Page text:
The West Africa Examinations Council (WAEC) has cancelled the results of candidates involved in examination malpractice during its 2015 November/December diet of the West Africa Senior School Certificate Examination (WASSCE).
This is contained in a communiqué issued after the 61st meeting of the council’s Nigeria Examinations’ Committee (NEC).
The communiqué, signed by the council’s Head, Public Affairs, Damianus Ojijeogu, was made available to the News Agency of Nigeria (NAN) on Monday in Lagos.
It said that the decisions of the committee would be implemented without delay and the affected candidates and schools would be duly informed by the council.
The communiqué said that the meeting of the council’s NEC, the highest decision making body, was held on Wednesday, March 30 and Thursday, March 31 in Lagos.
It said that the committee also discussed the reports received on irregularity, special and clemency cases arising from the conduct of the 2015 May/June WASSCE.
The communiqué said there were reported and established cases against some private candidates during the 2015 November/December examination which led to the sanction.
It noted that in addition to the cancellation, some candidates would be barred from sitting for the council’s examinations for a certain number of years.
The communiqué added that some schools found to have aided malpractices would be de-recognised.
“In the course of considering the various reported cases of malpractice, the committee, after diligent deliberations, approved appropriate sanctions in all established cases of malpractice.
“This is as prescribed by the rules and regulations governing the conduct of the council’s examinations.
“However, the results of candidates who were exonerated by the committee will be fully released,’’ it said.
It noted that the committee also considered special cases, clemency cases, restitution, petitions and previous cases that were referred to it for further investigation from previous examinations.
According to the communiqué, the committee also received a report on the statistics of entries and results for the May/June 2015 WASSCE.
It noted that it also received and considered the general résumé of the chief examiners’ reports on the November/December 2015 WASSCE.
The communique added that during the meeting, the committee equally received and considered reports on the activities of the Aptitude Tests Department (ATD), for the period between November 2015 and March 2016.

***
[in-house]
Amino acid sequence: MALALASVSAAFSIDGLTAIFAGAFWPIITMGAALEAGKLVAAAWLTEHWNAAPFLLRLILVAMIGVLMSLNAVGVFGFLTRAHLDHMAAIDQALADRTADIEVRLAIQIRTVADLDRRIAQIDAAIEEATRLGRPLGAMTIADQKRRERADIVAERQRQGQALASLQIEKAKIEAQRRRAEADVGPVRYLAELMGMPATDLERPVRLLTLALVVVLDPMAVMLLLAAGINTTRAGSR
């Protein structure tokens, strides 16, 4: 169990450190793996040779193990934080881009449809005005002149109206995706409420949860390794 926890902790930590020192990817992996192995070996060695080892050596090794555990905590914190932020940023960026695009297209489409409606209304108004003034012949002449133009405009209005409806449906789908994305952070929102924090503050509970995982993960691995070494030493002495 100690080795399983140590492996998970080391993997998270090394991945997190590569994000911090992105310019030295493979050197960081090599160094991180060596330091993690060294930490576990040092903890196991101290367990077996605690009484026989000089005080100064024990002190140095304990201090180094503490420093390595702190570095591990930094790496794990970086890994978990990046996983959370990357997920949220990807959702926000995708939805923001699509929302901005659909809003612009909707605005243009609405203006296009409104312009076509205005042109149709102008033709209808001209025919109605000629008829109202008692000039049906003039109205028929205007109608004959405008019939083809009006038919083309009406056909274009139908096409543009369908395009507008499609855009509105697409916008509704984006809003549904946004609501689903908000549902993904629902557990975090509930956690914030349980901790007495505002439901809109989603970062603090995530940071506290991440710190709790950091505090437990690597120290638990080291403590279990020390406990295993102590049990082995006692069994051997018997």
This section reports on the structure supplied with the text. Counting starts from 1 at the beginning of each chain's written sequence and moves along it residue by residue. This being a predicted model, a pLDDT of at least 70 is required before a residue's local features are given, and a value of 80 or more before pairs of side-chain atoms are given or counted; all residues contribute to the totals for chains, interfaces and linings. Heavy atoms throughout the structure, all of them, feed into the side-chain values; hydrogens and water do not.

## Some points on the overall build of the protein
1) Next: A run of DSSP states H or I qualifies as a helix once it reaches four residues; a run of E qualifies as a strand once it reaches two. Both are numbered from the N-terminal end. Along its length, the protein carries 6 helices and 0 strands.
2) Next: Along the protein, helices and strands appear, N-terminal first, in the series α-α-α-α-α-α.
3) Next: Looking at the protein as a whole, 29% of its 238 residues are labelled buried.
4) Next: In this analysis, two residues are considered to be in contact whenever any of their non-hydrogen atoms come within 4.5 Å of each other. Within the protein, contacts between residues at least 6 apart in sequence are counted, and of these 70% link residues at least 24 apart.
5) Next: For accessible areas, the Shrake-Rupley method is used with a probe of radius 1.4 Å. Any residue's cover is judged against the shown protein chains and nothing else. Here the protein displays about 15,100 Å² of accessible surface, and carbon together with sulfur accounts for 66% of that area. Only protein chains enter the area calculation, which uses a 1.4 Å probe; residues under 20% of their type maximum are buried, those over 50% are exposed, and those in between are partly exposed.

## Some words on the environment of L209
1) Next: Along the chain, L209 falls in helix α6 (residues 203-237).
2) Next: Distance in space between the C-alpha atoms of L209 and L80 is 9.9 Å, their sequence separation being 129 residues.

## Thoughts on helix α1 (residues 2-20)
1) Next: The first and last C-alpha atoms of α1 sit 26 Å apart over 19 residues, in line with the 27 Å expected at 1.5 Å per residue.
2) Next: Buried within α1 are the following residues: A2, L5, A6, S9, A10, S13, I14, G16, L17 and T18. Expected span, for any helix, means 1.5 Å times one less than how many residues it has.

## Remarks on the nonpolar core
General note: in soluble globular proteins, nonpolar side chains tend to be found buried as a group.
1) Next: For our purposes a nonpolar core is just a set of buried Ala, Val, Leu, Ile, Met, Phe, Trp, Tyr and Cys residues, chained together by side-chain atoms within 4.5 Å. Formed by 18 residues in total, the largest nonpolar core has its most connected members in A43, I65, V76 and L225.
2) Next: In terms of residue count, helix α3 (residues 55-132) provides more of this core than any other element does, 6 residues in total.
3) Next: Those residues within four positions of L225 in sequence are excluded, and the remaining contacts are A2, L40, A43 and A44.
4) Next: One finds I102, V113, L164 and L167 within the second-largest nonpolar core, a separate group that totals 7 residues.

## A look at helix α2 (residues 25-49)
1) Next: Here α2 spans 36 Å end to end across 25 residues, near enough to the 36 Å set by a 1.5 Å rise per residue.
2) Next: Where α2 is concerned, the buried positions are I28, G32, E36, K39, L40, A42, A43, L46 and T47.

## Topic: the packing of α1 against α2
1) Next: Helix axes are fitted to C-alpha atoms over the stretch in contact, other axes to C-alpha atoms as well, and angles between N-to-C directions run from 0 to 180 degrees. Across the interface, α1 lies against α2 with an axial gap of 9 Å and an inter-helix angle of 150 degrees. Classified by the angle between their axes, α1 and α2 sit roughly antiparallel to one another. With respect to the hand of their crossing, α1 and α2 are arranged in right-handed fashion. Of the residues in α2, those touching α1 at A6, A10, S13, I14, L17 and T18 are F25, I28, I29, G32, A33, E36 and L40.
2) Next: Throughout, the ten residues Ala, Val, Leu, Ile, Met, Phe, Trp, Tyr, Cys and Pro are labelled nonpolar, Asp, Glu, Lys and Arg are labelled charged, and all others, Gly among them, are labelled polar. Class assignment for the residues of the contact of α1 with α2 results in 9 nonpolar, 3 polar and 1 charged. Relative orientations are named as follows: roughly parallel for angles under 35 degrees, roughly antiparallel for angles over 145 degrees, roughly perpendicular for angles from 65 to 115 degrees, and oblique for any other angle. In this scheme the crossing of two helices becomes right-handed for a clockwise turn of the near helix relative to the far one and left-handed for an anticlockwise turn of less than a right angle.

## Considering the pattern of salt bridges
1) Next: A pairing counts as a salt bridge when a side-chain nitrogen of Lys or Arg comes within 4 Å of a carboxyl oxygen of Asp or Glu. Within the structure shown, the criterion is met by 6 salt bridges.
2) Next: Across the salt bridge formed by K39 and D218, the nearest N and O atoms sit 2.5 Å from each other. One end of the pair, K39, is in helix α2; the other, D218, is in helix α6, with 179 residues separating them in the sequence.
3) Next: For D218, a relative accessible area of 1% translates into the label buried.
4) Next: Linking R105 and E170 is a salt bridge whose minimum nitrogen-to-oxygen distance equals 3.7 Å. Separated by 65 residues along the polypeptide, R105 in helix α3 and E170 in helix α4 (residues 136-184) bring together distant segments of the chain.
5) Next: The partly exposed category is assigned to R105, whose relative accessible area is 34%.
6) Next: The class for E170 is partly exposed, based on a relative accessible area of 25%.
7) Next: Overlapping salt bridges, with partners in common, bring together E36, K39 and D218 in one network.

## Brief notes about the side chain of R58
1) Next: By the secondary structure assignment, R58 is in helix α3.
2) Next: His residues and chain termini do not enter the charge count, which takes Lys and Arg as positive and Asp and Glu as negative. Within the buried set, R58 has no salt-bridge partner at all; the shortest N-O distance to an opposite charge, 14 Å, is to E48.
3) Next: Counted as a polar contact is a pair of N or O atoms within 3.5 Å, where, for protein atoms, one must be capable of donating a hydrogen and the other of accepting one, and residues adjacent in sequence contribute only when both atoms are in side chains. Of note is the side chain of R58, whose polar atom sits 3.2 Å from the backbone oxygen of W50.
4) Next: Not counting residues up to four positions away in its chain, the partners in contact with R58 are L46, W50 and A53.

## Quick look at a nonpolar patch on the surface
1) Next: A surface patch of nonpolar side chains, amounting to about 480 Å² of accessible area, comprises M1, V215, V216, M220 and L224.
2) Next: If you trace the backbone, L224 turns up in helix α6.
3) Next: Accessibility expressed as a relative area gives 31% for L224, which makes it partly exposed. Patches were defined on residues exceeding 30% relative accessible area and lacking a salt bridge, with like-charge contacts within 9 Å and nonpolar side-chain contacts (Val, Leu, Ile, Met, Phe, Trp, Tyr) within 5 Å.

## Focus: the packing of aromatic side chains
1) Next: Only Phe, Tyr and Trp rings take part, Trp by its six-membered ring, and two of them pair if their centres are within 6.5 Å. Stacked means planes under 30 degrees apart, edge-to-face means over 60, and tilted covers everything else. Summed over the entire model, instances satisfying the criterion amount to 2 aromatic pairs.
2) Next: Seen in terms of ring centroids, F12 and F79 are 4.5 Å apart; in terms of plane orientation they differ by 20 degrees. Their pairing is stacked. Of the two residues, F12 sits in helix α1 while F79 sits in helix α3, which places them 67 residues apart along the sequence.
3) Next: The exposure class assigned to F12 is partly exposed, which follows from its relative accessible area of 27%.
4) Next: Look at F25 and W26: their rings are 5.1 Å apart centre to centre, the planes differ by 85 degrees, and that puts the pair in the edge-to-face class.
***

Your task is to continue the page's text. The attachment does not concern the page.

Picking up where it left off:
It also considered reports on the activities of the Research Department of the council from October 2015 to March 2016.
The communiqué added that from the reports on the November/ December 2015 WASSCE, the committee agreed with the observations by the chief examiners that the standard of the papers compared well with those of the previous years.
According to the communiqué, the chief examiners generally reported that the instructions were clear, questions well structured, straightforward and within the scope of the syllabus.
It noted that members of the committee also agreed that the marking schemes were exhaustive and that marks were well distributed.
It said that the committee noted the various shortcomings on the part of the candidates as reported by the chief examiners.
The communiqué noted that members of the committee decried a situation whereby private schools who do not have regular students register candidates for school examinations.
It noted that NEC also observed the high incidence of examination malpractice in private schools due largely to the registration of non-students as candidates for WASSCE.
The communiqué added that NEC had enjoined the state governments to sanction erring proprietors and schools to serve as a deterrent.
It added that the committee also observed that there was a decline in the reported examination malpractice cases in 2015 when compared to 2013 and 2014.
According to the communiqué, the NEC also commended the council for deploying appropriate technology in the conduct of its WASSCE.
It also lauded state ministries of education for putting in place, measures to fight examination malpractice in public schools and advised that efforts should be made to extend such to private schools.
According to the communique, states with relatively high cases of examination malpractice, will be policed and monitored during WASSCE in order to forestall examination fraud.
It added that the council would do this through its state offices in collaboration with the various ministries of education in affected states.
The communiqué added that the committee had observed that ‘collusion’ had the highest percentage of examination malpractice cases recorded in the 2015 WASSCE by private candidates.
It lauded the council for developing software to defeat collusion by candidates in multiple-choice questions in its examinations.
NAN reports that the committee meets twice a year, to consider matters relating to the conduct of the WASSCE for school candidates and private candidates.
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